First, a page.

I’m going to side with the “both” camp. My two kids have different tastes in what they like. I’ve also found that foods they really didn’t like at first have become ones that they will eat after multiple (10+) times of having them. I just keep serving and requiring that they try a few bites.

  11. That is a tough question…
    I think I would have to side with nurture.
    No one in my family is a picky eater and it was the norm growing up in my house to have the majority of our meals vegetable based and to have fruit as a dessert. What we were given was never second guessed or questioned, and my mother made it a priority for us to eat healthfully. I am very very thankful for that.

  12. Ugh – food advertising is so terrrible.
    I think picky eating is a result of nature and nurture. I think children exposed to more foods will be more likely to eat more variety and often healthier foods, but I’ve also nannied and babysat for children whose parents fed them more real foods and they were still very picky eaters.
    I do think parents’ and adults’ attitudes about food are extremely influential. If you tell your child that brussel sprouts are gross, they will probably think that too.

  13. Hi Faith!
    Can you give some info on sprouting the quinoa (and other things)? I sprouted years ago but I don’t remember what I did, duh! I just found my sprouting jars in the basement (as I clean out for our move) and I’d like to get started again. Funny…I also just found one of the old glass juicers in a kitchen cabinet that I think belonged to my Grandmother. I forgot I had it! Thanks for any info on the sprouting!

    • Hi, This is my first time sprouting quinoa but I will pass on what I read and let you know in a few days how they do. Yesterday I soaked them for about 8 hours, rinsed 3 times, and set to drain. I will rinse them morning and evening and drain until they sprout (2 days?). Sprout on!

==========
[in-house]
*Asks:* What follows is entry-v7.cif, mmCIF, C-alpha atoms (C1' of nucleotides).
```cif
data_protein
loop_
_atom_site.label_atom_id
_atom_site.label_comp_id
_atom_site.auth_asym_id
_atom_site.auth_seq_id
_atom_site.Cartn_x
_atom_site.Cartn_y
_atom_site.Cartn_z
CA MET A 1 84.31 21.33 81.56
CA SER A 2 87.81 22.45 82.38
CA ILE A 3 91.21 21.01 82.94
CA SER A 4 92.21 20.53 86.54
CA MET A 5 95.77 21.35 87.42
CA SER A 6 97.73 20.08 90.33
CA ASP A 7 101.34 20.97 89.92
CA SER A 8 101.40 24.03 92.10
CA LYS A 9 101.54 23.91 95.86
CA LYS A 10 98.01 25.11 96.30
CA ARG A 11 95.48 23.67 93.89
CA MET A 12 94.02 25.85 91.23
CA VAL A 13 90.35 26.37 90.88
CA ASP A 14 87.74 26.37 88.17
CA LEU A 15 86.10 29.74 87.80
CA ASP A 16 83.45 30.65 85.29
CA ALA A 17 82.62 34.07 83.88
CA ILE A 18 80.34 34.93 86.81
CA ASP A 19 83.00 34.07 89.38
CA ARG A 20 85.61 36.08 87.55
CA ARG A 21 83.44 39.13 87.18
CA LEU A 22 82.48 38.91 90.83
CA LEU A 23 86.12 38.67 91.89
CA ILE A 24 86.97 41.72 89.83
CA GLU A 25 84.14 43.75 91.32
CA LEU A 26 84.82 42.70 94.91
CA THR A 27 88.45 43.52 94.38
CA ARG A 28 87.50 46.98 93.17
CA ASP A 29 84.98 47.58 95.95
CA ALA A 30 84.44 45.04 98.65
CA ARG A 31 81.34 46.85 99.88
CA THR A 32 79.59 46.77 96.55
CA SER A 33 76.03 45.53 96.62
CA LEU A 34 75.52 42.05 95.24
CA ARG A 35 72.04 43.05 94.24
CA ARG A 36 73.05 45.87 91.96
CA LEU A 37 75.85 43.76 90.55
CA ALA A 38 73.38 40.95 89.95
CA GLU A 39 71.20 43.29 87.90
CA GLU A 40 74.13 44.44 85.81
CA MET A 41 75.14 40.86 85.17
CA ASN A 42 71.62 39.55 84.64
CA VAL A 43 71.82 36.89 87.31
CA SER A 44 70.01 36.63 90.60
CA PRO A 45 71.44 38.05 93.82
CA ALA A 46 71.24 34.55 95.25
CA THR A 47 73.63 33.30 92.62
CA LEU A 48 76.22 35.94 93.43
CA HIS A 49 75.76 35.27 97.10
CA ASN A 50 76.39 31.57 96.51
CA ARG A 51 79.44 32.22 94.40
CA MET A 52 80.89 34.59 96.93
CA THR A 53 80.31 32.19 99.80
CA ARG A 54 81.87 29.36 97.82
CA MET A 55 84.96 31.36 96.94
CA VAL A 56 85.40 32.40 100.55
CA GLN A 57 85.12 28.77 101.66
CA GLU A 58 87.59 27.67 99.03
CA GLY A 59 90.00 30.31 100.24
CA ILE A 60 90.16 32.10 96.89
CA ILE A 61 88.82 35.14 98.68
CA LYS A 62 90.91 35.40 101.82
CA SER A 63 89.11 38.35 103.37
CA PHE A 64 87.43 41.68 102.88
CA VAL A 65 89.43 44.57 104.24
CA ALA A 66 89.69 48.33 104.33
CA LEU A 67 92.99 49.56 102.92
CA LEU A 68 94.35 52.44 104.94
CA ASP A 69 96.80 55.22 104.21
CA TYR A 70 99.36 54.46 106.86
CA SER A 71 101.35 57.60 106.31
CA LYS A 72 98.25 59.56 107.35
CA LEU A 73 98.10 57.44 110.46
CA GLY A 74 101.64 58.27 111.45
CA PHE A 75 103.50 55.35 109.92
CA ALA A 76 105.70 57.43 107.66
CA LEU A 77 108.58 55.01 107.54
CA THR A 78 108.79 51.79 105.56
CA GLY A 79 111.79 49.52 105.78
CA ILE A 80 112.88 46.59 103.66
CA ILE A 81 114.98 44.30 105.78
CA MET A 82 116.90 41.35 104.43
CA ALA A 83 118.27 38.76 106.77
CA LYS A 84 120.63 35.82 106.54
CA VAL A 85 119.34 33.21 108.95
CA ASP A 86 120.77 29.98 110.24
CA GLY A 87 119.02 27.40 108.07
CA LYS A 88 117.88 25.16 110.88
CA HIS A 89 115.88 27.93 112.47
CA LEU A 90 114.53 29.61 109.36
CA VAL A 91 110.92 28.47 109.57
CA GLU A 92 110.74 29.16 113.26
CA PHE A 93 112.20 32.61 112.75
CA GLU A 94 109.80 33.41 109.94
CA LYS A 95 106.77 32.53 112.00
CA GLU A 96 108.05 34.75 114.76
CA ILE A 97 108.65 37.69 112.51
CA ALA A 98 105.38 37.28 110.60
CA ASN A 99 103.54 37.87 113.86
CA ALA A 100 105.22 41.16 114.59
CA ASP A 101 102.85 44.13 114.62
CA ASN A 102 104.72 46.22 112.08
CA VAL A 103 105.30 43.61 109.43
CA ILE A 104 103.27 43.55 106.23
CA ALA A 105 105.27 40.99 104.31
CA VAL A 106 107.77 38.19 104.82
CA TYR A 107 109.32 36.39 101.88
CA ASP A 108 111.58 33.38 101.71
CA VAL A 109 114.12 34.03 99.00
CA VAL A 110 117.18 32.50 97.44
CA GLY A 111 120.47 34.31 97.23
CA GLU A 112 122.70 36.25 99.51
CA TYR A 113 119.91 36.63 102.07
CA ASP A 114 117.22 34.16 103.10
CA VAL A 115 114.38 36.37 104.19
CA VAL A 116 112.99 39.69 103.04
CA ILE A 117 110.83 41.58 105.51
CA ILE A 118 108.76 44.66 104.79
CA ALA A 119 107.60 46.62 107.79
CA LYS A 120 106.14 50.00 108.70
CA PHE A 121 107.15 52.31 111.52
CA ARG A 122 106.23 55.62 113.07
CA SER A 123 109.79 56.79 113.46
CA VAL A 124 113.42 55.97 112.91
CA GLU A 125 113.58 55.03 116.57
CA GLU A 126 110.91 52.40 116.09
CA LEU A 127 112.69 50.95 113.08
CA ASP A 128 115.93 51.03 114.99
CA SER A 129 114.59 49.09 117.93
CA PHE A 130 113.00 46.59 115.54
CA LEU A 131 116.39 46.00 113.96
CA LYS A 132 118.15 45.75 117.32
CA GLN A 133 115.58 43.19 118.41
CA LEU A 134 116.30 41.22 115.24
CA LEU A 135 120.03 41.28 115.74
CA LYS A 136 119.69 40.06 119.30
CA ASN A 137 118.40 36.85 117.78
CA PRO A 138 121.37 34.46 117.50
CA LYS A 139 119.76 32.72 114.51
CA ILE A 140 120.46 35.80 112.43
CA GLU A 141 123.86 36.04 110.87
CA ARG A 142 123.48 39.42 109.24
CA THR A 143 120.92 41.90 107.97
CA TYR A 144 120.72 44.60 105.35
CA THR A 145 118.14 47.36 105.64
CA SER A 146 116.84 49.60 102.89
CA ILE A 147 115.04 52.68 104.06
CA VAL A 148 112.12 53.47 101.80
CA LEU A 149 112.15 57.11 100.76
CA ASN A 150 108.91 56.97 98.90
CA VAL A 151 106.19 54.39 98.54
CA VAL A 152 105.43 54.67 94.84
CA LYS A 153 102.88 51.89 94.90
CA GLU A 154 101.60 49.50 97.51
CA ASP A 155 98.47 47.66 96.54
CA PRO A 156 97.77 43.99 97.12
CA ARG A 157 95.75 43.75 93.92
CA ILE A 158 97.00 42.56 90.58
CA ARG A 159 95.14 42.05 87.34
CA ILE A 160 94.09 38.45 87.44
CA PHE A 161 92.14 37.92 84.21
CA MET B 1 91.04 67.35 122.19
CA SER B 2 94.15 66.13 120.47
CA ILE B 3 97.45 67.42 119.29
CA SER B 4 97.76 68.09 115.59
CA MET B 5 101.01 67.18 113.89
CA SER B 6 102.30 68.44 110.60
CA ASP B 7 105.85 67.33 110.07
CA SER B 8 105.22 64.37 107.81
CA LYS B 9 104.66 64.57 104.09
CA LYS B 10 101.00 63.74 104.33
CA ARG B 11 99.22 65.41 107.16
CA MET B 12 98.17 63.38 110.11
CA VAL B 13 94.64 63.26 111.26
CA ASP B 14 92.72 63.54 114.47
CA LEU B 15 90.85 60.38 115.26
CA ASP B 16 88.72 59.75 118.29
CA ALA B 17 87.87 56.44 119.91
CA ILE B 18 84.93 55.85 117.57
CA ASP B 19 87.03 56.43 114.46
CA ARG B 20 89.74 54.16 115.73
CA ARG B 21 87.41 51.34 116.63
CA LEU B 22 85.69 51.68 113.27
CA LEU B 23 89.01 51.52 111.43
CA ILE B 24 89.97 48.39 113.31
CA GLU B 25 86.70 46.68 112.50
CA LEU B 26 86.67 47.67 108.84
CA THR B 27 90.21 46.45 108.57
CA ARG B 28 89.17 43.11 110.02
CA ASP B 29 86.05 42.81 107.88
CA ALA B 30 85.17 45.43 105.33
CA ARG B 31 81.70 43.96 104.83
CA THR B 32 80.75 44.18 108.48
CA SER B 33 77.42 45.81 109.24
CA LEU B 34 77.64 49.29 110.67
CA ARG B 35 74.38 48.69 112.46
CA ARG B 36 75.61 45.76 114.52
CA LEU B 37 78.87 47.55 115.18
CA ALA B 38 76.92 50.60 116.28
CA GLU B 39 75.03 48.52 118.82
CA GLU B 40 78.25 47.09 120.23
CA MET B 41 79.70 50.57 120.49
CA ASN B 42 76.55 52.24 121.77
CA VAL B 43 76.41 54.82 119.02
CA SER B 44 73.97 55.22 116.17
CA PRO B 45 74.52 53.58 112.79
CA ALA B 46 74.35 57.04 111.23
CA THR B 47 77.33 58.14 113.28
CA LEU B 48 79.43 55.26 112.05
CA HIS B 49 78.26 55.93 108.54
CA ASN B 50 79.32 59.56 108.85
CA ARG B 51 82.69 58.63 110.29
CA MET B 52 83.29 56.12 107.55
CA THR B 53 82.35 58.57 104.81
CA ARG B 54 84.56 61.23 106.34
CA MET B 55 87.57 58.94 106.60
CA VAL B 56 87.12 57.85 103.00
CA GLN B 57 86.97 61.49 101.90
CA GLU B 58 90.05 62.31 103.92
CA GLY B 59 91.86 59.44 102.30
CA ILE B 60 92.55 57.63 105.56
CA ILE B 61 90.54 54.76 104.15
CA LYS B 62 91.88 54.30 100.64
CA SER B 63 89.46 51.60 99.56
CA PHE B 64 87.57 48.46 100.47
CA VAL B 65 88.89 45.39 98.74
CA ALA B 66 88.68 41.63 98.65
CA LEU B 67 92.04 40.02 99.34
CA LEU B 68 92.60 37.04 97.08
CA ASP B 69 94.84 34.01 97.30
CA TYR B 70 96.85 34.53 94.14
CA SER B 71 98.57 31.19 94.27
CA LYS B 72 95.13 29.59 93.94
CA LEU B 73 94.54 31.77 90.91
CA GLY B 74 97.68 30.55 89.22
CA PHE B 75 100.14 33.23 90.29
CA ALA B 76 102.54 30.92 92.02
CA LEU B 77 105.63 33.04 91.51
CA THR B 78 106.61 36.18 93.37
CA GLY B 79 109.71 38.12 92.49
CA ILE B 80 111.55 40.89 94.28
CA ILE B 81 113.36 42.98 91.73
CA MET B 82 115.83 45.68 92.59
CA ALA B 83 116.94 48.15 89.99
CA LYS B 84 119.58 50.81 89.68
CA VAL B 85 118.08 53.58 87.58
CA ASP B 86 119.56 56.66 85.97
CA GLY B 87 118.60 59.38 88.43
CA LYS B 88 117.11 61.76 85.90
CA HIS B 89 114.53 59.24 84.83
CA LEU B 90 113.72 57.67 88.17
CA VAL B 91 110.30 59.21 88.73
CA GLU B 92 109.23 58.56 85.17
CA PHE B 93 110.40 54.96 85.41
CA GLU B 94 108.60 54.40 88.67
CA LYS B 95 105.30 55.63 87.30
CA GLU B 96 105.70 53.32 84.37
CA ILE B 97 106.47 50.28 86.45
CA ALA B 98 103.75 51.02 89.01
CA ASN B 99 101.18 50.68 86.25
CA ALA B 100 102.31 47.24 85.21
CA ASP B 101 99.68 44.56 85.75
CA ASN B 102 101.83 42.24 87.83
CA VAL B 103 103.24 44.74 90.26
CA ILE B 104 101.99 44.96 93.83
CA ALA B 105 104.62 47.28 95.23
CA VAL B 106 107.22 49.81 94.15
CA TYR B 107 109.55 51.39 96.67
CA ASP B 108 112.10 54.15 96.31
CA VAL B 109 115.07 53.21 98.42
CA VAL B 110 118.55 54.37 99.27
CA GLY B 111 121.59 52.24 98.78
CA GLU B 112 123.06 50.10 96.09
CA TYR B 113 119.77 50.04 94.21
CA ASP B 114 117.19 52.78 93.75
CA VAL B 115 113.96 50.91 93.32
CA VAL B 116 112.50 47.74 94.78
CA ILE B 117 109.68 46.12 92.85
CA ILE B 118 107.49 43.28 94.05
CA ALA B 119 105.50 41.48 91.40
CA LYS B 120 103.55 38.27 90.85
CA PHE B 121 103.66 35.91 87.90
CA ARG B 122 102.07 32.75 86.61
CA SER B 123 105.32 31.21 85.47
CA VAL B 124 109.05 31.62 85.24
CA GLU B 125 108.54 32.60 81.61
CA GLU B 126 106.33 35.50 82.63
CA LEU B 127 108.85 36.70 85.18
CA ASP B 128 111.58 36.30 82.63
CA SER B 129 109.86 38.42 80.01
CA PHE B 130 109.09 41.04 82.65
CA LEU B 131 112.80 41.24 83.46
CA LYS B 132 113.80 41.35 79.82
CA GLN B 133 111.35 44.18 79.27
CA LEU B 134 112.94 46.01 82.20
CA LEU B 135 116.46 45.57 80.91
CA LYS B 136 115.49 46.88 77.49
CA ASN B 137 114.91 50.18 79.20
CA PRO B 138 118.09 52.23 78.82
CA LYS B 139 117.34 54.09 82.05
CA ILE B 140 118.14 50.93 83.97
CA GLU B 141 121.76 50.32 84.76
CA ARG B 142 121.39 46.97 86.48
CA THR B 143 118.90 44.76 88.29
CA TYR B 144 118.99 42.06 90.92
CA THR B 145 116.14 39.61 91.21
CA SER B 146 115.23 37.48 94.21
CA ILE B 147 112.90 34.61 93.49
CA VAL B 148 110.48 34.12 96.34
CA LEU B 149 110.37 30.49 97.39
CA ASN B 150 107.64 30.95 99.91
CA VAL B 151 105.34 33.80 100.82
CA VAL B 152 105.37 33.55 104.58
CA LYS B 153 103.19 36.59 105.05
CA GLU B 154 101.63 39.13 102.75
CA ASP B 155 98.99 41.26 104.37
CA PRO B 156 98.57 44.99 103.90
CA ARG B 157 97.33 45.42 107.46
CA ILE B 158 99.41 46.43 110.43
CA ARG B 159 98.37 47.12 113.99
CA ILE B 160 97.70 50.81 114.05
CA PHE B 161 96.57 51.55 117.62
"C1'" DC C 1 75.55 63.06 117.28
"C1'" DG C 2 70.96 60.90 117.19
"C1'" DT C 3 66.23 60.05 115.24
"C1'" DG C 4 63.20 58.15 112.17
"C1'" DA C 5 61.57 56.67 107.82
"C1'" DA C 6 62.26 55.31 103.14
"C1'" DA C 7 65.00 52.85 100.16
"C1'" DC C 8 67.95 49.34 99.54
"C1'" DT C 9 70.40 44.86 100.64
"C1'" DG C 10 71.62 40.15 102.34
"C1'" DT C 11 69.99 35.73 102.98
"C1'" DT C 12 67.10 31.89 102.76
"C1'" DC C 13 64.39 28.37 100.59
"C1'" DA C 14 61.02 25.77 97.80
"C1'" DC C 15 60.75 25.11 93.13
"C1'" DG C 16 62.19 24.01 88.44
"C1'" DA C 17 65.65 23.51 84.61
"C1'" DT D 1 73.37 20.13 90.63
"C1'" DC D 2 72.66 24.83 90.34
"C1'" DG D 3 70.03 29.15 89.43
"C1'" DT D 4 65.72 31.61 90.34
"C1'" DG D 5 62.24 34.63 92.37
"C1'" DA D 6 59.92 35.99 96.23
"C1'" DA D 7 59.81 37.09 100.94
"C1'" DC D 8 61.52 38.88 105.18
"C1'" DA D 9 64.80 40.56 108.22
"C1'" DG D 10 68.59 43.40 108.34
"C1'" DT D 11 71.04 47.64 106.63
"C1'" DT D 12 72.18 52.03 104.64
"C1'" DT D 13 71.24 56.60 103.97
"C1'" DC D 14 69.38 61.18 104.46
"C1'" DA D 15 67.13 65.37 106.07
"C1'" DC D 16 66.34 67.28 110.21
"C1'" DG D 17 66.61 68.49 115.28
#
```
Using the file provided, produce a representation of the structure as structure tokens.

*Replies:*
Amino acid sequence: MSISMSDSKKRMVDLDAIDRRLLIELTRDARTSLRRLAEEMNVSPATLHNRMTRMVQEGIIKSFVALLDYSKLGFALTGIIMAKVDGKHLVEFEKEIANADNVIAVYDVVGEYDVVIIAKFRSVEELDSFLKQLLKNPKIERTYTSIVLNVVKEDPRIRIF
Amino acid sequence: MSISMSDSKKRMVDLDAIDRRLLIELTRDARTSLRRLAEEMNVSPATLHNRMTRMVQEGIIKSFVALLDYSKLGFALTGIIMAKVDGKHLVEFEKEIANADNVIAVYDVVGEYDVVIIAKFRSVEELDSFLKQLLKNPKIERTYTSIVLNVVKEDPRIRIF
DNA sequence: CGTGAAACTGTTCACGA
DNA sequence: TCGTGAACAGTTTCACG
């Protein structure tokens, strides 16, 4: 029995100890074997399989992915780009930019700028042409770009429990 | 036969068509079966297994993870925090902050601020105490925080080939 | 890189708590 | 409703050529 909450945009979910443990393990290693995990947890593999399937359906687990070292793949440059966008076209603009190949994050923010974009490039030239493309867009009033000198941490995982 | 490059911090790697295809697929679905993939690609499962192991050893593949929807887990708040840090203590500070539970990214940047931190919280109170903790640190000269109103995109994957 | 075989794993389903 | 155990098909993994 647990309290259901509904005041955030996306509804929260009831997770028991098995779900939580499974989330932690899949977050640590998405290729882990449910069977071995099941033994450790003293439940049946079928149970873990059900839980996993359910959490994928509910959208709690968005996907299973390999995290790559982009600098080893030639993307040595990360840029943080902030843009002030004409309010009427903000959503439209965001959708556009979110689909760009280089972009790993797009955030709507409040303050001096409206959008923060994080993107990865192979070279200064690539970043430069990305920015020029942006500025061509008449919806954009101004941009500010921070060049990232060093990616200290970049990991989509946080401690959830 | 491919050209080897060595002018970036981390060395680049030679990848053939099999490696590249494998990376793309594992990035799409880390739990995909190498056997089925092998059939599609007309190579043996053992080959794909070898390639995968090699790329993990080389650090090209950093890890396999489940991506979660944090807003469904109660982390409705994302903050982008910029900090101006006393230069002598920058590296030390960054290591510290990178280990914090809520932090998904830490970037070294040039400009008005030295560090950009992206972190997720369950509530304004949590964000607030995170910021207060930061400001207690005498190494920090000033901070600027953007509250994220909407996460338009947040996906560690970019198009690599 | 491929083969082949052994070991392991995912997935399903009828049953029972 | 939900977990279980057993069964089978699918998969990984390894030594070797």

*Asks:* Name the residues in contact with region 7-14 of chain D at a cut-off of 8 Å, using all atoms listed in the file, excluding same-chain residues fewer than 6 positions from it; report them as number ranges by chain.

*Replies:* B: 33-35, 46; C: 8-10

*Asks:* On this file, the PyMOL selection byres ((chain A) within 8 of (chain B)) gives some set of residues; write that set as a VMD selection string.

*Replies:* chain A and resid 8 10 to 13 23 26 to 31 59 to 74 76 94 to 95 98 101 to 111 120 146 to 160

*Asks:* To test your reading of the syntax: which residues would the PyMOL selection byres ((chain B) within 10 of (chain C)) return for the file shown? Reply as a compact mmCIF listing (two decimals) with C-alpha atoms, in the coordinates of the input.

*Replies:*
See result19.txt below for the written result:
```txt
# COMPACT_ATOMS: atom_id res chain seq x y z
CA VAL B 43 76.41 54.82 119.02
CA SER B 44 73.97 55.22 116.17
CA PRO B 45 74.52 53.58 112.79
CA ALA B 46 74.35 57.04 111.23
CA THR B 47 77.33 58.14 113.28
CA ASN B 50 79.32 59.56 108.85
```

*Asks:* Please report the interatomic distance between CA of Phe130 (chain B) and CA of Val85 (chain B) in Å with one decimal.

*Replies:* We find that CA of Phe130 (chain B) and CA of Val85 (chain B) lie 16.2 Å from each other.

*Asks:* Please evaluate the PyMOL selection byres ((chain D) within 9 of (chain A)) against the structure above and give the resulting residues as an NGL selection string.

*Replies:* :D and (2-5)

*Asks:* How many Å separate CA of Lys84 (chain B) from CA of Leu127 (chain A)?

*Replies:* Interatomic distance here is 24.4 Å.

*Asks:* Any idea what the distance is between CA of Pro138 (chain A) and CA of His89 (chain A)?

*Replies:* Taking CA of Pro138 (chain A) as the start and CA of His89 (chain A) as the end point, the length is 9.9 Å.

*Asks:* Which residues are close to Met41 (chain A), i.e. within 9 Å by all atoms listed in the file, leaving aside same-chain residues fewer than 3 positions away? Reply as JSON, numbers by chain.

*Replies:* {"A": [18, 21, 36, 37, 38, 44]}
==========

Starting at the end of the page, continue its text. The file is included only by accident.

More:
14. weightchangeexhange

    A mother could only wish for all “picky” eaters like mine -who picked greens, and fruits and vegetables often over all else. My kids pick and choose which sweets are “worth” indulging and pick out the ones to discard. I encouraged them to pick their eating times starting and stopping.
    So I beg the question are picky eaters particular eaters made peculiar by the habits of their family and friends? So yes, nurture and yes, nature, Even in the same family we have different blood types, body types, dispositions and star positions.
    The usual concern with so-called picky eaters is not eating enough.
    Perhaps with awareness of childhood obesity volume will become less of an issue.

  15. Nicole

    It is definitely BOTH. I work in feeding disorder research…which means I work with kids who don’t eat, for a variety of reasons. The last commenter gave a great article…Jane Wardle is really good. Irene Chatoor is also a good name to watch out for–I think they have done some things together as well? Nature can definitely play a role, but once you have a kid or come across a kid that just plain won’t eat (certain things or sometimes at all) no matter what you try, you might open your mind to genetics and nature also being a factor. Great topic!